UNOS pre­dicts broader liver shar­ing will save more than 100 lives as year as peo­ple with the worst scores get a shot at trans­plant ahead of those whose scores sug­gest they can wait a lit­tle longer.

Sim­i­lar shar­ing of lung trans­plants be­gan last year; changes for other or­gans are in the works.

Some hos­pi­tals fight back

Hos­pi­tals that coun­ter­sued say the new pol­icy is un­fair, too. They point to peo­ple in more ru­ral re­gions who al­ready face in­equities such as less ac­cess to health care that leave them at greater risk of death from a va­ri­ety of dis­eases.

If all or­gan banks re­cruited as many donors as the Mid­west, there’d be 1,000 more liver trans­plants a year, said Dr. Sean Kumer of the Univer­sity of Kansas Hos­pi­tal, one of the plain­tiffs. “We’ve been suc­cess­ful in do­ing this, and now peo­ple are com­ing to our area of the coun­try to take or­gans.”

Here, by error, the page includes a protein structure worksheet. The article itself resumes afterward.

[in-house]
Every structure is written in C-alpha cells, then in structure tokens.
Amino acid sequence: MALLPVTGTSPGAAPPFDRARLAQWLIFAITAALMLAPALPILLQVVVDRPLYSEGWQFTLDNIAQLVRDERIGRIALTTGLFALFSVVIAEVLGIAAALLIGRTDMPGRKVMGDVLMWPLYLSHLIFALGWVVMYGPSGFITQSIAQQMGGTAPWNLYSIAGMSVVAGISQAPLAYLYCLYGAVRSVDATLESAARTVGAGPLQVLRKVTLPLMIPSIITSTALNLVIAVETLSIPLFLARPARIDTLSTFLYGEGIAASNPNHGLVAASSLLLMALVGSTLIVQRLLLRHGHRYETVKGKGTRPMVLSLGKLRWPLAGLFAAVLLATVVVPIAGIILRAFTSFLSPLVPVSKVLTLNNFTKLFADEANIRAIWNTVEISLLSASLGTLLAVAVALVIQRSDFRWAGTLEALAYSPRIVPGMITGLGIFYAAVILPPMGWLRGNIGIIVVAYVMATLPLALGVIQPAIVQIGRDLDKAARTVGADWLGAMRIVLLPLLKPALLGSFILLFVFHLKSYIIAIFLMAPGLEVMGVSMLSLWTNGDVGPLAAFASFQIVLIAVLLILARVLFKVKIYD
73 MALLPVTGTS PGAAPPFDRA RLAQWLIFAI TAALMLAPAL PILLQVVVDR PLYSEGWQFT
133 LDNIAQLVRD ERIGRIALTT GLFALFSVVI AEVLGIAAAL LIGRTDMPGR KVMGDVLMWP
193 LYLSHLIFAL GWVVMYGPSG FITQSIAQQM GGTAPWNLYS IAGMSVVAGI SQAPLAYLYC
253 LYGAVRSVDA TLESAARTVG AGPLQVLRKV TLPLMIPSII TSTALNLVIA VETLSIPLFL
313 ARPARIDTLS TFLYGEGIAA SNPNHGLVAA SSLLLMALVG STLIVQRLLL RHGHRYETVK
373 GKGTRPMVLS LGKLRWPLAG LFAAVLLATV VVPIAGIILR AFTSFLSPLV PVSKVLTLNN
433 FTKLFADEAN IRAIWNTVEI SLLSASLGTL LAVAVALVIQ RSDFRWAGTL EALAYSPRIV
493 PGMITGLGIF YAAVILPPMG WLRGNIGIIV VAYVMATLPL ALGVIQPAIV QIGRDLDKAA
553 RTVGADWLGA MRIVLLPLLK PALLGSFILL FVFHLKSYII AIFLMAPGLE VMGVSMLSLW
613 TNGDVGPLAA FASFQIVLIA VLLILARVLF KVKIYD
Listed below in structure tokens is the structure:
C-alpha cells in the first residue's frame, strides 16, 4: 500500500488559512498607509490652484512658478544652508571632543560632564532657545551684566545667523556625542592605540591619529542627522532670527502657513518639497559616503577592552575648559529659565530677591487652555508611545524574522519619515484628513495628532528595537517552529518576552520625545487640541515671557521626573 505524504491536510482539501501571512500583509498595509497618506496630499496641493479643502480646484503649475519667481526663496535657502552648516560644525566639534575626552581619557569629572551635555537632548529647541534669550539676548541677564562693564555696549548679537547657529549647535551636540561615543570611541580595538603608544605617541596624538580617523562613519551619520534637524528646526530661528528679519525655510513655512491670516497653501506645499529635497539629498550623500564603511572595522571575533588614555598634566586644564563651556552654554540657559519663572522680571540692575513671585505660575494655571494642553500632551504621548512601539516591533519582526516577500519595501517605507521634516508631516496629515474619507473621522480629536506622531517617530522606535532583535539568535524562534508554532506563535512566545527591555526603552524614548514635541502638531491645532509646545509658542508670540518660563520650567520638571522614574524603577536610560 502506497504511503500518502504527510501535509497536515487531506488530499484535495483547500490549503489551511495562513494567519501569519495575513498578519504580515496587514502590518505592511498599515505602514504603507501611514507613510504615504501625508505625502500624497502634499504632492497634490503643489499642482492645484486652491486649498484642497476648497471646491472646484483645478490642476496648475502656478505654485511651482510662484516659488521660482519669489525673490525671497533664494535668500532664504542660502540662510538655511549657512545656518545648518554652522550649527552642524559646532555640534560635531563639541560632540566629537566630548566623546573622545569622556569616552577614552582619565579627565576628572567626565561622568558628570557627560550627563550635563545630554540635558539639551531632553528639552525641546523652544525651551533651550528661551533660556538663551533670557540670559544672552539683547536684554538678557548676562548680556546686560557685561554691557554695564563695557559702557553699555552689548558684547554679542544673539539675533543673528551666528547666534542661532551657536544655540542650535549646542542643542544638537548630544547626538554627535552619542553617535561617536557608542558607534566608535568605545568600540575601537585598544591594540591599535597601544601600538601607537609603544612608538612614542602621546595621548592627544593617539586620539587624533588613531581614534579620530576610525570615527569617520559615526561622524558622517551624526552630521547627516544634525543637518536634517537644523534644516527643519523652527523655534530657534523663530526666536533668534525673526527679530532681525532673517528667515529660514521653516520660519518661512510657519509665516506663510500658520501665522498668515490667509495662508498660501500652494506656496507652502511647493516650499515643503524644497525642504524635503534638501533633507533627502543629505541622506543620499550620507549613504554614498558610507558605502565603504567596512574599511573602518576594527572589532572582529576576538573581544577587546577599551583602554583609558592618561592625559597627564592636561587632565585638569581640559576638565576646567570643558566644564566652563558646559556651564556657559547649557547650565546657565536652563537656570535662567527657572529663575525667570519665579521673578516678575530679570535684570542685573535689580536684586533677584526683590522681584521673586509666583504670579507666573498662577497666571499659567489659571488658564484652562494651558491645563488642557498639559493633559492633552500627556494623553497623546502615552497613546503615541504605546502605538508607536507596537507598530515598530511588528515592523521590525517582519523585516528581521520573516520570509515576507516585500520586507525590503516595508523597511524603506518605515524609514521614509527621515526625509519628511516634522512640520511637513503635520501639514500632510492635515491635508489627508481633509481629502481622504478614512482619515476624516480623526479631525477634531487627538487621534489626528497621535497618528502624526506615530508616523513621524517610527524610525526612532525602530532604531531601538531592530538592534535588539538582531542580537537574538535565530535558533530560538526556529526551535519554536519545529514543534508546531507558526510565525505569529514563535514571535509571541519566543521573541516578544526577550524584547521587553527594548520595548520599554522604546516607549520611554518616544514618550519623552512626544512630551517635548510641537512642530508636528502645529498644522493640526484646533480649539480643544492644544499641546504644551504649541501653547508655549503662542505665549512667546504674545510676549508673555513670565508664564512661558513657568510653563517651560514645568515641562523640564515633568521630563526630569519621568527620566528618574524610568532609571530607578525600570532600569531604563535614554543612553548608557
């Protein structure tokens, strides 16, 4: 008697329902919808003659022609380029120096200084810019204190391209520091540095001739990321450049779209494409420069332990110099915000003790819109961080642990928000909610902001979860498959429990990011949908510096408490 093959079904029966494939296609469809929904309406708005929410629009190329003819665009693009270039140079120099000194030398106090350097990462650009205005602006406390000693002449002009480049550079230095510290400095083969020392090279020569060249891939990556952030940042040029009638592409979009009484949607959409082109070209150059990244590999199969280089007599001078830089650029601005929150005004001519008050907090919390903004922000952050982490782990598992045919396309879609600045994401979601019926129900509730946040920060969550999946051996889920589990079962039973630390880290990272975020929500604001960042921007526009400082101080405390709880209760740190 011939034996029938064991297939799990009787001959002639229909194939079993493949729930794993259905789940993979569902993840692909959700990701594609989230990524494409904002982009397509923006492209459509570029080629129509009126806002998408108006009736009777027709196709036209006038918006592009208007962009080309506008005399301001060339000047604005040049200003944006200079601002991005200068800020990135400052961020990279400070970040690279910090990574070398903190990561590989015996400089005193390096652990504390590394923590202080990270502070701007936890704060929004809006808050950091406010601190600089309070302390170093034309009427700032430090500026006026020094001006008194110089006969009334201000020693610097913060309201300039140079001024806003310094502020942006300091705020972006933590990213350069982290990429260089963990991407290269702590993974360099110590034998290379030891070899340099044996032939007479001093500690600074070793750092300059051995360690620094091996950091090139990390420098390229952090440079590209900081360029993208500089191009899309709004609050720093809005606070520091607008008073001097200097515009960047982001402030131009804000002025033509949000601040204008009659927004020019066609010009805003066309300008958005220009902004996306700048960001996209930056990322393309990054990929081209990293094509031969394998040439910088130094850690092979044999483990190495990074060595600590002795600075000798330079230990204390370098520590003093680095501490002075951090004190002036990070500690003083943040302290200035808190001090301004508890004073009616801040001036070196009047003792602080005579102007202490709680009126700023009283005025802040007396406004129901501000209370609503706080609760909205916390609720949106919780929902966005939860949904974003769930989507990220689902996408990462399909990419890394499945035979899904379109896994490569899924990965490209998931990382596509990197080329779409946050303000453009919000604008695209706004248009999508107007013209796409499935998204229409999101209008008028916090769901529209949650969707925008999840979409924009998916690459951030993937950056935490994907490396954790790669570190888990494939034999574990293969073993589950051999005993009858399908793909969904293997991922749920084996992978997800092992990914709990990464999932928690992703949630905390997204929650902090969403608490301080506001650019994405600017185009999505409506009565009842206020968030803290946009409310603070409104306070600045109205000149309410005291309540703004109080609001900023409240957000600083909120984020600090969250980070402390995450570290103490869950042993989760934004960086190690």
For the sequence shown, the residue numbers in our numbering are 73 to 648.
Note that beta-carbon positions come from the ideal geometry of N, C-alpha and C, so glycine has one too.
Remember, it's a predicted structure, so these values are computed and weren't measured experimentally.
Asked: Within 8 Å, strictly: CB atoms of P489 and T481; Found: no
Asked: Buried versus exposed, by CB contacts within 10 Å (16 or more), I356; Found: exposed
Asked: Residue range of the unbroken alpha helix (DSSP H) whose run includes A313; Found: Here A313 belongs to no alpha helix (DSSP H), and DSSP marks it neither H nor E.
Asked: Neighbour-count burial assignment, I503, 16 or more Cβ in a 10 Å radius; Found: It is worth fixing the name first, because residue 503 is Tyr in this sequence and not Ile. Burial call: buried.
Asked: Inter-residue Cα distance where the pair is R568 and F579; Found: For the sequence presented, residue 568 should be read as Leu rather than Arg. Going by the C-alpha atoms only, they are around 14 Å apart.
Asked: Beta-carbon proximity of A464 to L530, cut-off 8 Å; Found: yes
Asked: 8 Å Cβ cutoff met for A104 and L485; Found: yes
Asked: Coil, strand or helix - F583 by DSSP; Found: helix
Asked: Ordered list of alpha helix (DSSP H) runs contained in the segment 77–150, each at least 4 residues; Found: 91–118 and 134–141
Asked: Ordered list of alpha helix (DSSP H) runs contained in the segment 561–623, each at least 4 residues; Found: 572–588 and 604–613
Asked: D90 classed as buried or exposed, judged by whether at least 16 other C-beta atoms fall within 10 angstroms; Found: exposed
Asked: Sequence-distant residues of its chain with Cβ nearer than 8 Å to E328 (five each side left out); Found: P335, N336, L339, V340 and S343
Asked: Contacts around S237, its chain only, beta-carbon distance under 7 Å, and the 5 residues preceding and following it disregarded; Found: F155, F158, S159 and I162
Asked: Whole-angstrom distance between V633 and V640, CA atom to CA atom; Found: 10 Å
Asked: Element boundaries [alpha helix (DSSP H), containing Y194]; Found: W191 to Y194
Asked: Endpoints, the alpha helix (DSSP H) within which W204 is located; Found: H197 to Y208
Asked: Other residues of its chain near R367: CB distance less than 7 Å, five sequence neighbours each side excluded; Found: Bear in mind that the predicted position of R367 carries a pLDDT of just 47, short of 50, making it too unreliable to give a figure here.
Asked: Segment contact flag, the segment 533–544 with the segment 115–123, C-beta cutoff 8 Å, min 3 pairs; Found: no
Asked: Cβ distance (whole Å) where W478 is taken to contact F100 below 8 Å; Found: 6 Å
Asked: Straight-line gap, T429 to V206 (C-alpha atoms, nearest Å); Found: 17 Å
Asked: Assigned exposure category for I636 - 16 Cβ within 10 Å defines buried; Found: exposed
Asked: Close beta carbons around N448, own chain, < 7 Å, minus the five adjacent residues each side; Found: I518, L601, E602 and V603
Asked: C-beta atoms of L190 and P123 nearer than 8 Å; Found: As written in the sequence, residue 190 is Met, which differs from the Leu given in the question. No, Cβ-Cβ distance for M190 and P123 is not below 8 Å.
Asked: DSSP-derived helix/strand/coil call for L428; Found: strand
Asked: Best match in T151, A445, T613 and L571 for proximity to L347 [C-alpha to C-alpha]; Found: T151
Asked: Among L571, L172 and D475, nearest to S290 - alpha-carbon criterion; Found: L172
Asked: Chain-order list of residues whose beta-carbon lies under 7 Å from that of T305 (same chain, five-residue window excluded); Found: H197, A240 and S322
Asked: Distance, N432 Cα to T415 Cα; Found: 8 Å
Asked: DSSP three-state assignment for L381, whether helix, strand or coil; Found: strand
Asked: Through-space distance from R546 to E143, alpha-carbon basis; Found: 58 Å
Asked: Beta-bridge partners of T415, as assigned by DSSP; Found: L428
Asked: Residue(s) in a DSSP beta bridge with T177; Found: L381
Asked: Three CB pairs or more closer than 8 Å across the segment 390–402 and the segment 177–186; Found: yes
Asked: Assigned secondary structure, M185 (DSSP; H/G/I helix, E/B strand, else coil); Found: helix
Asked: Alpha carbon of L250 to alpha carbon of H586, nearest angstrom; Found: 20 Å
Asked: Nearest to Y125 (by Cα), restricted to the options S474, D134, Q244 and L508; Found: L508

Costs will rise as trans­plant teams travel far­ther to pro­cure or­gans, added a re­cent re­port from Wash­ing­ton Univer­sity in St. Louis that ex­am­ined the first months of broader lung distri­bu­tion. Spe­cial­ists cited one time when a team from St. Louis and an­other from Chicago were fly­ing to each other’s city at about the same time to retrieve lungs for sim­i­larly sick re­cip­i­ents.

UNOS pledged Tues­day to eval­u­ate if the new liver rules have the in­tended ef­fect, ac­knowl­edg­ing “this has been a chal­leng­ing time” of strife be­tween trans­plant cen­ters.

The big­ger is­sue: “I don’t think we can solve the fair­ness prob­lem un­til the sup­ply of or­gans ex­ceeds the de­mand,” Kevin O’Connor, pres­i­dent of LifeCen­ter North­west, an or­gan pro­cure­ment organization, who also heads a UNOS ge­og­ra­phy com­mit­tee, cau­tioned be­fore the lat­est court fight.

LATISHA OZUNA/WENDY GOMEZ VIA AP

This Au­gust 2017 photo shows Wendy Gomez, fourth from left, with her wife, Wil­nelia Cruz-Ul­loa, third from left, with their chil­dren and stepchil­dren at their wedding in New York. Cruz-Ul­loa spent the last months of her life in a New York City ICU, wait­ing for a do­nated liver that never came.